Seize opportunities and experience them to the fullest
April 27, 1998
Juilliard School President Joseph William Polisi urged students to seize all the opportunities the University offers to them and experience them to the fullest.
"Experience the arts on campus and throughout the region," Polisi said. "The power of the arts to transform and evoke a response in humans has lead civilization to make it a part of our most important activities.
Polisi, a UConn graduate, made his remarks in the keynote speech at the fifth annual Scholars' Day ceremony on April 20 at Jorgensen Auditorium. The ceremony honored more than 880 high-achieving students at the University.
The ceremony honored 36 students who have been named Babbidge Scholars for achieving a perfect 4.0 grade-point average for both the spring and fall semesters of 1997. The scholars are named after the late Homer D. Babbidge Jr, who was UConn's president from 1962-1972.
The University also recognized 833 students from the six UConn campuses as New England Scholars, students who have achieved a grade-point average of at least 3.5 for both the spring and fall semesters of 1997.
In addition, the University honored 19 students recently named as University Scholars candidates. The University Scholars program enables highly motivated students to pursue unusually ambitious and personally important programs of study. It is one of the most competitive and prestigious academic programs available to students at UConn.
In his welcoming remarks, UConn President Philip E. Austin said, "Everything that occurs in an institution of higher learning ought to be consistent with the pursuit of excellence, and by your achievements, you allow us to celebrate our own successes.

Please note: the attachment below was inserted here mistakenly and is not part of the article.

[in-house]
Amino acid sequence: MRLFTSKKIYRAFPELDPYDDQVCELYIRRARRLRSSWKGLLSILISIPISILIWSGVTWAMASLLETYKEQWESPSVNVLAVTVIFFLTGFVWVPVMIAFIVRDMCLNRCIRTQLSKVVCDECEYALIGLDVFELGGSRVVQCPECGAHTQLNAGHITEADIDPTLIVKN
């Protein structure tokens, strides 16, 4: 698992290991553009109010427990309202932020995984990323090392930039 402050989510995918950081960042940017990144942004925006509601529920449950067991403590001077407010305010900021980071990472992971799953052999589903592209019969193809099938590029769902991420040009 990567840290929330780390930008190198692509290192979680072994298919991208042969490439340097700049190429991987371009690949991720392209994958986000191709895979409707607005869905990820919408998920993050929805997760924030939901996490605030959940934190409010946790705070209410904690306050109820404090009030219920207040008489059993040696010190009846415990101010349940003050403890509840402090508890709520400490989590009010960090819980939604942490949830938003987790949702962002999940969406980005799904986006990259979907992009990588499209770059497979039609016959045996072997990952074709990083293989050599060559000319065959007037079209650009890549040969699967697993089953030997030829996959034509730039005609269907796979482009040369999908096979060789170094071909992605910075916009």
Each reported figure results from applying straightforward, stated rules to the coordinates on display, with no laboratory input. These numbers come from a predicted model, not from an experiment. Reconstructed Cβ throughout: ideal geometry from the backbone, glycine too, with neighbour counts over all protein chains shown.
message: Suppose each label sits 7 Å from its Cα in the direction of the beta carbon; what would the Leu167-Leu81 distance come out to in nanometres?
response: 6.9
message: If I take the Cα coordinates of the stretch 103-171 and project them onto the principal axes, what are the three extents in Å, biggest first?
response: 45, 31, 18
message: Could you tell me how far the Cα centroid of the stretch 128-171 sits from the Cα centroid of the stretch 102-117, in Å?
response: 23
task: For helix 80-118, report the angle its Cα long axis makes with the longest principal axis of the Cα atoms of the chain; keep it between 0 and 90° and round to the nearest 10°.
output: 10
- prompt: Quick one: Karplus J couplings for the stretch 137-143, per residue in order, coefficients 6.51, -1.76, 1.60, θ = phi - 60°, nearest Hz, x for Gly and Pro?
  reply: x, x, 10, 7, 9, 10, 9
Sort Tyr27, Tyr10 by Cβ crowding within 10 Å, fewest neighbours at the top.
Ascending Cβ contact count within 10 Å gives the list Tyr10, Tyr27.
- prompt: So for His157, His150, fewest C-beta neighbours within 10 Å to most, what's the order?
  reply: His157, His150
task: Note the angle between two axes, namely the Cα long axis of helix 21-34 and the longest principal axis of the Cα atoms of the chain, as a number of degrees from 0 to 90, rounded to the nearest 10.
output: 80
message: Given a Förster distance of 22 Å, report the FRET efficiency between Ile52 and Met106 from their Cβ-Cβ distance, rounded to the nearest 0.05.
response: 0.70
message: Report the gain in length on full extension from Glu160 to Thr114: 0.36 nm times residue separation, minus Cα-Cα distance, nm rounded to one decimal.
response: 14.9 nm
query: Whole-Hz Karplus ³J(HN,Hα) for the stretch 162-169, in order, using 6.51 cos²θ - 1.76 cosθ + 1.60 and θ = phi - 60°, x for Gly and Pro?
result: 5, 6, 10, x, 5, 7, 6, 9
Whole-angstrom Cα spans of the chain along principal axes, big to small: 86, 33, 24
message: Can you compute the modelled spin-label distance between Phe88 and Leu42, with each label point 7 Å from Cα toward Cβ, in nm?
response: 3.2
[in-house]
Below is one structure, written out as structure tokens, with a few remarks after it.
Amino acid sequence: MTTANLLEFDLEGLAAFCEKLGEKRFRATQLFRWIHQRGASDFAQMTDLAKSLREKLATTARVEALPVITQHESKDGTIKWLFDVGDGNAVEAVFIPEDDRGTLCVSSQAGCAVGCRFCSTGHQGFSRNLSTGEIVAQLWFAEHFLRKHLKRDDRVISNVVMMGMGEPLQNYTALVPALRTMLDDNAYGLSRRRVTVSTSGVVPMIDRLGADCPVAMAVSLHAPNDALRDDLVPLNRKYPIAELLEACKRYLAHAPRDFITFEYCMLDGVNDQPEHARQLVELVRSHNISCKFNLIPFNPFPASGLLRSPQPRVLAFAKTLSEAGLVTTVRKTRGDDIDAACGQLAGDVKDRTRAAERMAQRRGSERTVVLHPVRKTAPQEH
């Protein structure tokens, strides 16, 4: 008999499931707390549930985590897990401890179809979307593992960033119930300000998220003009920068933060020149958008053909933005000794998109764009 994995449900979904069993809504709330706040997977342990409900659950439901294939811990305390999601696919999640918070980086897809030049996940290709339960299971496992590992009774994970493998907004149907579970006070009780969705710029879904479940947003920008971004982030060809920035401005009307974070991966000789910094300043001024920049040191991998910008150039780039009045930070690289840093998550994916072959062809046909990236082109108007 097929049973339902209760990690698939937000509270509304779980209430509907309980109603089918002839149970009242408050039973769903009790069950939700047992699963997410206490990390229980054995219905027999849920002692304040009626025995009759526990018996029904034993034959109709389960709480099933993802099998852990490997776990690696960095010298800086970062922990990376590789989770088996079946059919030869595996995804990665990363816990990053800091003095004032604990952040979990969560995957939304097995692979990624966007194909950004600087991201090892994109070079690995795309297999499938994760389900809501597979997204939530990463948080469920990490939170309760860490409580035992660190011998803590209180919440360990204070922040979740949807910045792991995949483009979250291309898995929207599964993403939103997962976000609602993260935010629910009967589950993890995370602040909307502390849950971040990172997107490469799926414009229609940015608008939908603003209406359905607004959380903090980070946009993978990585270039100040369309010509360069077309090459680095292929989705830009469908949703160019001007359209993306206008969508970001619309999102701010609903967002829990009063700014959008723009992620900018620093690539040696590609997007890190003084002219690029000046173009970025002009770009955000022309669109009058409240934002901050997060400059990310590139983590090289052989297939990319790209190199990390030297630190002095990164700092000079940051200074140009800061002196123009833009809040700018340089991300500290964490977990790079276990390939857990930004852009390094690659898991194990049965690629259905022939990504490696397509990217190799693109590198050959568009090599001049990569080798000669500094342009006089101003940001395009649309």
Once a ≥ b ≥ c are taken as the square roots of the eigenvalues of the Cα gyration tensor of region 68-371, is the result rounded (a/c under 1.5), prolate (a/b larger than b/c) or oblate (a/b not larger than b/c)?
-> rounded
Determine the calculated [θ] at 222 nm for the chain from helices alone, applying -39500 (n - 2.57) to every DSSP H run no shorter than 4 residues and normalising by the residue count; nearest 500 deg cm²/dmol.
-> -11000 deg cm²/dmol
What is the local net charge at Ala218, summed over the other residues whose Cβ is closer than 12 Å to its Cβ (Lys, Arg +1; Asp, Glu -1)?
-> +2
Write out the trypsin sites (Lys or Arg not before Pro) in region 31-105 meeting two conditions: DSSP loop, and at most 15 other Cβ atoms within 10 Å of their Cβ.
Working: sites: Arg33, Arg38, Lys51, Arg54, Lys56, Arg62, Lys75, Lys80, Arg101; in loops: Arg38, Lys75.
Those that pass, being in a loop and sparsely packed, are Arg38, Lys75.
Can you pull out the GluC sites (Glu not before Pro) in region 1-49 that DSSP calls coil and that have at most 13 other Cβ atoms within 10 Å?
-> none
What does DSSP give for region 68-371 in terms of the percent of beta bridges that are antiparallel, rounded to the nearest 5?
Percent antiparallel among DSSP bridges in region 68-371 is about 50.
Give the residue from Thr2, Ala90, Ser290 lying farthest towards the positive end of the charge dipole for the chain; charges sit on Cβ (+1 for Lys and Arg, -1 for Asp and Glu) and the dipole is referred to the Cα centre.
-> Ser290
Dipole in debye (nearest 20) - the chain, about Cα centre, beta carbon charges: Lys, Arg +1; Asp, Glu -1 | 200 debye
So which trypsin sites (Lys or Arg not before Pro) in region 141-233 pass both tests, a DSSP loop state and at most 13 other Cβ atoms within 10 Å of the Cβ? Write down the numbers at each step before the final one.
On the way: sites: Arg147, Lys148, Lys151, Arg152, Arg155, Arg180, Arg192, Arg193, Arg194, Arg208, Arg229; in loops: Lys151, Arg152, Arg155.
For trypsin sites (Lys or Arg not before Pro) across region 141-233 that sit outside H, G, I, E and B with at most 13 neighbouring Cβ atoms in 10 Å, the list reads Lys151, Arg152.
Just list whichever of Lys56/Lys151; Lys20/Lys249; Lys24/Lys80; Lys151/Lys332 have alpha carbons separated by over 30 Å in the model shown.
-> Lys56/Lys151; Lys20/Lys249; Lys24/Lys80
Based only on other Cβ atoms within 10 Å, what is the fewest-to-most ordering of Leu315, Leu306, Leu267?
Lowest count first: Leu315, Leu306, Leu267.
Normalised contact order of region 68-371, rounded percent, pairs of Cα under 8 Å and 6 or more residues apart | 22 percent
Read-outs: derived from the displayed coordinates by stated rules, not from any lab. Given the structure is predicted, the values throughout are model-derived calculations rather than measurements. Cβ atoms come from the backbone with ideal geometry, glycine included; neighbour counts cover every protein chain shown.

Polisi became the sixth president of New York's Juilliard School in 1984, bringing to that position his previous experience as a college administrator, as a scholar in the fields of music and political science, and as an accomplished bassoonist. He received a bachelor of arts degree in political science from UConn in 1969. He holds three graduate degrees in music from Yale, having completed his doctor of musical arts in 1980, a master of musical arts in 1975, and a master of music in 1973. He also has a master of arts degree in international relations from Tufts University's Fletcher School of Law and Diplomacy.
"We live live in a society today that evidences little effort to make a distinction between art and entertainment, achievement and fame, liberal and vocational education, quality and quantity," Polisi said. "Great works of art are a summation of the human condition. The understanding of these art works represents a cultivated intellect, sharpened perception, and sensitized emotion, all attributes that represent the highest goals of a liberal education.
Polisi told students to liberate their creativity and to be communicative and innovative. "Essentially it will be your values that anchor you, that determine how you approach opportunities and pitfalls and how you ethically determine your correctly chosen paths," he said.
Cyrus Ernesto Zirakzadeh, director of the Honors Program, who served as Master of Ceremonies said the students being honored "have made education very exciting for us. They make us think and bring honor to the University.
Also on Scholars' Day, three faculty members received awards as Teaching Fellows for the 1997-98 academic year: James Henkel, associate professor of medicinal chemistry, associate dean of the Graduate School and associate vice provost for graduate education and research; David Miller, professor of psychology, and Katharina von Hammerstein, an associate professor of modern and classical languages. The fellows were selected by the Institute for Teaching and Learning for their excellence in instruction and their dedication to the teaching profession.